Don’t Make This Same Pricing Mistake I Made

True story: many years ago, at least 20, I got a call from a client who I had never worked with and who was looking for a stock photo. At the time I was in Portland Oregon and known as a local stock photographer with a large library of images.

This client requested a selection of images for which I do not recall just what the subject was, but we sent a selection over and sometime thereafter she called to negotiate a price.

After describing her usage I did as I always do: told her I would call her back. This is an important strategy because it gives you time to think about the usage for it the specific market instead of having to name a price immediately while on the phone.

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How to Know if You Have Found Your Photographic Vision

How do you know when you have found your vision?

There is much talk throughout the photo community about finding your vision and strategies to find your own.

I have wondered if this means that when you don’t find it you will never graduate from mediocre to magnificent.

What exactly is finding your vision’?

Is it when you have the ability to observe light and composition better? Is it the ability to pre-visualize so you know exactly how you will capture the subject and once done, the photograph is magical?

Maybe you have ‘found your vision’ when you win a photo contest or license an image, or you are simply producing a higher number of stunning images than others?

And then who decides when you have found your vision: you or the viewers of your images?

In the world of photography, how good we are as photographers is often tied to our creative self esteem.  Like much in life, photographers as well self impose a rating system as a way to measure their photographic worthiness.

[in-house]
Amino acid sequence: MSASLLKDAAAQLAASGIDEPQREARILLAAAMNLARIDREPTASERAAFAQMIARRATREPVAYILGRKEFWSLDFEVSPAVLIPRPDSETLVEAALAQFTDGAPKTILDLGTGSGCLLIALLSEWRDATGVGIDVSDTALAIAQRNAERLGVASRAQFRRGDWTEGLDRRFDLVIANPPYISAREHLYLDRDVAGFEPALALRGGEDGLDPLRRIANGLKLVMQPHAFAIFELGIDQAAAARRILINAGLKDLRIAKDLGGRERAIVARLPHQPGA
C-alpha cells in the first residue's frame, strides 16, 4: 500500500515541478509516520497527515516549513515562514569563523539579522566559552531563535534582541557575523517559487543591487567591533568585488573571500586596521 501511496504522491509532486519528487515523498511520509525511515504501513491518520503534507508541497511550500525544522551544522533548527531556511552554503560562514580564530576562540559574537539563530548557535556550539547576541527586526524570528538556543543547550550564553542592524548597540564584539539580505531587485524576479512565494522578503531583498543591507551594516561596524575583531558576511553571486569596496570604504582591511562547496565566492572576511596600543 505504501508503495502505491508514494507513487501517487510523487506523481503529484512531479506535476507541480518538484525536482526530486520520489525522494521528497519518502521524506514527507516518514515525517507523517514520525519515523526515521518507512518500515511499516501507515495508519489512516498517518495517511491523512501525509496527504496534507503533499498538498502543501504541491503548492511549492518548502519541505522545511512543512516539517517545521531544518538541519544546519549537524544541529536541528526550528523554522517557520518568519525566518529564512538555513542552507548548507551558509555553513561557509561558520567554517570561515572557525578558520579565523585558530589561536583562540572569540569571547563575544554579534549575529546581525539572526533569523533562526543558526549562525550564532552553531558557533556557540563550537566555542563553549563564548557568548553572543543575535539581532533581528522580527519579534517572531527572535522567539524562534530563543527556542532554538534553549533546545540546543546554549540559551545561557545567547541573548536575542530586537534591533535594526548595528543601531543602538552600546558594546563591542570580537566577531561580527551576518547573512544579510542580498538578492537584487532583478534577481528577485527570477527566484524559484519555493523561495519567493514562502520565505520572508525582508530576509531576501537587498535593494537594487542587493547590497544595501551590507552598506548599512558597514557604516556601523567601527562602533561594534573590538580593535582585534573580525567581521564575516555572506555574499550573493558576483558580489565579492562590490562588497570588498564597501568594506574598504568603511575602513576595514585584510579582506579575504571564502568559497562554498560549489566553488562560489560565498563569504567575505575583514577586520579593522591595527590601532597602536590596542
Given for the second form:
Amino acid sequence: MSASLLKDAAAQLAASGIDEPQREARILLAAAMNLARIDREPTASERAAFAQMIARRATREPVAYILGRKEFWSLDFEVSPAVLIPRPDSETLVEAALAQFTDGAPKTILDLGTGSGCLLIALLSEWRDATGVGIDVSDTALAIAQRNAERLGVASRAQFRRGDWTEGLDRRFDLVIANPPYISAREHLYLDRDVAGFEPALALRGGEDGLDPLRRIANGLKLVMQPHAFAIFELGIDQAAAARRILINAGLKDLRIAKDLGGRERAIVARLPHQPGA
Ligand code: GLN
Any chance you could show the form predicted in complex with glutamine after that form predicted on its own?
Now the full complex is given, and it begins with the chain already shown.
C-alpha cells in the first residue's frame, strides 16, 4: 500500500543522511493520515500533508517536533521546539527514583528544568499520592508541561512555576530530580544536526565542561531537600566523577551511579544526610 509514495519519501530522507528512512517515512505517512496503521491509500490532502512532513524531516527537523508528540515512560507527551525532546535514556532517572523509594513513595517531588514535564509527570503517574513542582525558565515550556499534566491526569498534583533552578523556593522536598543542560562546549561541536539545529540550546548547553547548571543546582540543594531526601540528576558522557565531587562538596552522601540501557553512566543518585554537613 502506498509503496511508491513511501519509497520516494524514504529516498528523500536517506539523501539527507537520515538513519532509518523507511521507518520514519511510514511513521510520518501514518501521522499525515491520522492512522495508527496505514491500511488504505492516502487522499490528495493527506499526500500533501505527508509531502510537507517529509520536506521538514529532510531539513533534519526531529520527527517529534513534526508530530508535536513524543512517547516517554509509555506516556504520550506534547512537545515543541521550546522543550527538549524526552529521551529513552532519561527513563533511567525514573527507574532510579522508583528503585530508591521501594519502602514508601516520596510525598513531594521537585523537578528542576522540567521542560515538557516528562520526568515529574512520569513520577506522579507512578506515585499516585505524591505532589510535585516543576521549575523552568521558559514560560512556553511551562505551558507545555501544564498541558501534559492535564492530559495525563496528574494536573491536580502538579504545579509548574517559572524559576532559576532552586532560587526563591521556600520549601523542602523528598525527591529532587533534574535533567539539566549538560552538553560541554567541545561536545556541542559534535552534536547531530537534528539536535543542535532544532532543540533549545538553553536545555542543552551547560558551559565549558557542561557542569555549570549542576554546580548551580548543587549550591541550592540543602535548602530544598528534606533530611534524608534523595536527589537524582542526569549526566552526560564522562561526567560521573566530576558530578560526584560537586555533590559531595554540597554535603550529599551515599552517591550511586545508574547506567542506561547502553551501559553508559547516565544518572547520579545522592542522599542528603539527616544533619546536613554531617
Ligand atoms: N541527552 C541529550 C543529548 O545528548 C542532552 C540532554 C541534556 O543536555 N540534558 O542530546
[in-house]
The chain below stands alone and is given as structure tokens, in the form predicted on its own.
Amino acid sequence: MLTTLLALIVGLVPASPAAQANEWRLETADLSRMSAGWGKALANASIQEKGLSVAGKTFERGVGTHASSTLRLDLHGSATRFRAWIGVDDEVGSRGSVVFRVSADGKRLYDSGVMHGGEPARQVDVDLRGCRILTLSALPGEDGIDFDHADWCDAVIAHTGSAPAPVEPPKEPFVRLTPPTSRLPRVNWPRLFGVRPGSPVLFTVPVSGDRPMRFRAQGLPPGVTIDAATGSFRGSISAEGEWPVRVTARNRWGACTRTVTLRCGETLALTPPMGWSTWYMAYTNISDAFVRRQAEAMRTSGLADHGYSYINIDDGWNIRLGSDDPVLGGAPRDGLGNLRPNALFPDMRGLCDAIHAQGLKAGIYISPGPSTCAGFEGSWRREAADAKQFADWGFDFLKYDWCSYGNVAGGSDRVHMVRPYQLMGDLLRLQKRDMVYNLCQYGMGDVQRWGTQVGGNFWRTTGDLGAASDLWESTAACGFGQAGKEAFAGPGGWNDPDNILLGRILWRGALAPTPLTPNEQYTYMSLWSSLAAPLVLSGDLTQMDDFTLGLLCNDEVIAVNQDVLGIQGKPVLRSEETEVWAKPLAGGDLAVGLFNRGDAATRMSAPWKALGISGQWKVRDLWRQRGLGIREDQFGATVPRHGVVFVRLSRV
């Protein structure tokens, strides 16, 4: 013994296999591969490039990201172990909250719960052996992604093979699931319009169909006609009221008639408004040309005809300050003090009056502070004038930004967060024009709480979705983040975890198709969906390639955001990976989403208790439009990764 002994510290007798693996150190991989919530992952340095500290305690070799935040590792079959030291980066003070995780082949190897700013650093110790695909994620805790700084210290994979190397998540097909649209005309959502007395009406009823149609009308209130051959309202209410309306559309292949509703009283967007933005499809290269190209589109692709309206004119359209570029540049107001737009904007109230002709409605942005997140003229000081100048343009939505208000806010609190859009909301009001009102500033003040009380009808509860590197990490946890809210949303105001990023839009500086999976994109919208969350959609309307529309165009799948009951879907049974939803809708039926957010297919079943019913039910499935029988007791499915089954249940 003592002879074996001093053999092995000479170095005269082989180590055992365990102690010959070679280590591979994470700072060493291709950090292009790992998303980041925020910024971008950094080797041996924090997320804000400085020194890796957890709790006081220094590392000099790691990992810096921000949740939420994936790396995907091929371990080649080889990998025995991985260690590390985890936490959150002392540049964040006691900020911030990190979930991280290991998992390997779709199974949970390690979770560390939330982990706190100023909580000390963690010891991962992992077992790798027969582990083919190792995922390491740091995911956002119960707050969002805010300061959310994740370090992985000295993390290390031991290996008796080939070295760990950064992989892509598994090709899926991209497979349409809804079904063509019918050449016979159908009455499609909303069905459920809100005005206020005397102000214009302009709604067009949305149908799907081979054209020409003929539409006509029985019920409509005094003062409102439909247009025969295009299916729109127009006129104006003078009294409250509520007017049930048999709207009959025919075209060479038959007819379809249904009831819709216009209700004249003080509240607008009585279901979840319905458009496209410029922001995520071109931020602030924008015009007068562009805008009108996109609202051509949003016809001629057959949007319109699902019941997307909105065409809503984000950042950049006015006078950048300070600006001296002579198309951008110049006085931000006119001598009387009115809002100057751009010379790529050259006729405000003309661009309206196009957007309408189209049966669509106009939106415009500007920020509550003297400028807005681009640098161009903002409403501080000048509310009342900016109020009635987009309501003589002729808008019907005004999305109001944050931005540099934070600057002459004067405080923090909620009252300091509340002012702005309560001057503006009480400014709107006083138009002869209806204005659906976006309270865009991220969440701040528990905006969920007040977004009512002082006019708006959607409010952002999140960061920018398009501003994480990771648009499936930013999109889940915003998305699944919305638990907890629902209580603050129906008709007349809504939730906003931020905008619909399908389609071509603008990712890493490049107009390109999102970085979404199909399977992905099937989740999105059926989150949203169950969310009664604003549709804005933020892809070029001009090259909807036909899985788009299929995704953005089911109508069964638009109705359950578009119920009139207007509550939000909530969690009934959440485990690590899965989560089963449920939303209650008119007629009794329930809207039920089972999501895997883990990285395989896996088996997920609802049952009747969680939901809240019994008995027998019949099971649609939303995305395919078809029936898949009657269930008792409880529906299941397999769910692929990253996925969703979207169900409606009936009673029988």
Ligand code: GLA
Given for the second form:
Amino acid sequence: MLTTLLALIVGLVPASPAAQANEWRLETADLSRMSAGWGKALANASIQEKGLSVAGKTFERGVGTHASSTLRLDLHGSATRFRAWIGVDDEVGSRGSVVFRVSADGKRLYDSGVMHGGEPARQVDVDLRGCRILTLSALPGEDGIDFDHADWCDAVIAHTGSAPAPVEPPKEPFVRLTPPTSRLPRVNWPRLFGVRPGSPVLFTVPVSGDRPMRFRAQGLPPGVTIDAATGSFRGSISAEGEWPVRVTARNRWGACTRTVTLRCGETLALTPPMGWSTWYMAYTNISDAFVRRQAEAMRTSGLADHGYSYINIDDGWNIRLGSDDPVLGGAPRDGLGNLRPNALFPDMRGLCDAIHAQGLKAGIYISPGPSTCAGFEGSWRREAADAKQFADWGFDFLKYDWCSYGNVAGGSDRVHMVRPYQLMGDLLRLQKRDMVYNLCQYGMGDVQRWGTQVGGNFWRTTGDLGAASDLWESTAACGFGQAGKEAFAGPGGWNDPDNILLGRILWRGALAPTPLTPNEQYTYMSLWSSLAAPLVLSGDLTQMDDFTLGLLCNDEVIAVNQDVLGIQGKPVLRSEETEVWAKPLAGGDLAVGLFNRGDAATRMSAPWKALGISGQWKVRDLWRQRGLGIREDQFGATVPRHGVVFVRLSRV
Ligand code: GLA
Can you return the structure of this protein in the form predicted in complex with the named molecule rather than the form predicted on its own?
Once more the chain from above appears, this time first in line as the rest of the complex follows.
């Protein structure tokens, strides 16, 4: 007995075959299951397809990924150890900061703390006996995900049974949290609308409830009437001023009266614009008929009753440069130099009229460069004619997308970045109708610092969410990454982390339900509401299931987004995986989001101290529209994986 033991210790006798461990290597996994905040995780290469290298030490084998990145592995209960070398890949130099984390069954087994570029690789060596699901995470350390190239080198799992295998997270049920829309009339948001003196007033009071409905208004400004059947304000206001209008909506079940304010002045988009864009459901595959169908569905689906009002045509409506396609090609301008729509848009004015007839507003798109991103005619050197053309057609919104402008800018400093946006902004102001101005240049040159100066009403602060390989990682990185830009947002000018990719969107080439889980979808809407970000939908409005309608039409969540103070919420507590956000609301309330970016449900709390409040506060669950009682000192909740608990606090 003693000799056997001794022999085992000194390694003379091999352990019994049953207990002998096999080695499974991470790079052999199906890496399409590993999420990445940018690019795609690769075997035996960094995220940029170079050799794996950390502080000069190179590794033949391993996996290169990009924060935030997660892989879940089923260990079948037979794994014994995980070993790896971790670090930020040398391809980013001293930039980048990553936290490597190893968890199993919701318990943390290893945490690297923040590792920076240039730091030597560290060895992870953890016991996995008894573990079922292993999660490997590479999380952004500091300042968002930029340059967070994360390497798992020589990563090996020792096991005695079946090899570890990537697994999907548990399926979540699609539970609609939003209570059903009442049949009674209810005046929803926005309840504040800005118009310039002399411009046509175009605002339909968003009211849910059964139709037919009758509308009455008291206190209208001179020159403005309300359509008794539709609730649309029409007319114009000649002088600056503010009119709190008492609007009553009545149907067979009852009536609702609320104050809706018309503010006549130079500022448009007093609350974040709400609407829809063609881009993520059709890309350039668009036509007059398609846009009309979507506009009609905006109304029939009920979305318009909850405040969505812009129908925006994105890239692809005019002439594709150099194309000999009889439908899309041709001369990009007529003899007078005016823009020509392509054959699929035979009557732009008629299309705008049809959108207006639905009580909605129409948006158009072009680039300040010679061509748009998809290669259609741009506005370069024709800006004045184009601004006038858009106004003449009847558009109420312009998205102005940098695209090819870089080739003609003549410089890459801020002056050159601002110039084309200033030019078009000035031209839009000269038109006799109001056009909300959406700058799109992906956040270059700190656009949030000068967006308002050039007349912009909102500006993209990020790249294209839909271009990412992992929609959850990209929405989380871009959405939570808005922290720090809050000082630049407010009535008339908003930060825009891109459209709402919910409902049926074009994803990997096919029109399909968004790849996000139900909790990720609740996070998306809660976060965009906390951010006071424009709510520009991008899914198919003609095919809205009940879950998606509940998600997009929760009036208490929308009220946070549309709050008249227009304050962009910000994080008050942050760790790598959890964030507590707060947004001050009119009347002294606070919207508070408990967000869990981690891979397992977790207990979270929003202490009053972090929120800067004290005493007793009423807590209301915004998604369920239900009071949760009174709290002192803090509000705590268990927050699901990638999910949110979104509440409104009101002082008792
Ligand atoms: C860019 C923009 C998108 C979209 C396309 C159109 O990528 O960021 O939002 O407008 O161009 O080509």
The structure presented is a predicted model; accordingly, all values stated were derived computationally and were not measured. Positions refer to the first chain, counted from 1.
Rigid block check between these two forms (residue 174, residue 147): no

Does this mean then, if we love our images and no one else does, we have failed at finding our vision?

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Before You Quit That Day Job, Think About These 5 Crucial Steps

I recently read an article by a noted photographer describing the lessons learned when he up and quit his day job to launch a photography business. A few years later, he was horribly in debt and feeling he was done as a photographer.

This is not a new story. We have heard it before and we’ll hear it again. There are many photographers, or those who want to be photographers, who think “when I build it, they will come.” While this maybe the case for a few who achieve instant recognition, it is not the case for most.

I have been in this business for 31 years. It does not get any easier! It often seems that it only only gets harder.

If you have a job now and are thinking you want to go full time as a photographer, there are some important considerations you should think about. Like ALL businesses, careful planning and preparation is required for a photography business as well. Before you quit your day job and head out to make it big, here are 5 reasons your photography business might fail:

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Mike Tittel Describes How He Photographed a Subaru-Trek Campaign

Mike Tittel is an adventure sports photographer from Utah with an impressive resume of client projects and adventures. Last year Mike traveled to Wisconsin to meet personally with agency creatives and the result was Mikes first assignment: a location assignment photographing the Subaru Trek Mountain Bicycle Team.
The project came about quickly and was on a tight time frame, required several assistants, and travel to Colorado. Mike shares some of the challenges of handling a high end assignment so quickly.

Q: So, you have been marketing to this client for some time and it finally paid off with this nice project. How much time did you have to plan and what pre-production requirements were there?

This assignment came about rather quickly so we had very little time for planning and pre-production. Luckily for us, Trek had a very clear vision of what they were after and where they wanted to shoot. Really it was a simple as pulling my crew together (more on that later) and pulling permits for the desired locations. Thankfully the permitting office in Boulder was extremely efficient and made that process fairly painless. Since this was a team shoot pretty much all of the logistics relating to riders and bikes were handled by the team manager and mechanic. Without their help it would have been extremely difficult to pull everything together in the amount of time we had.

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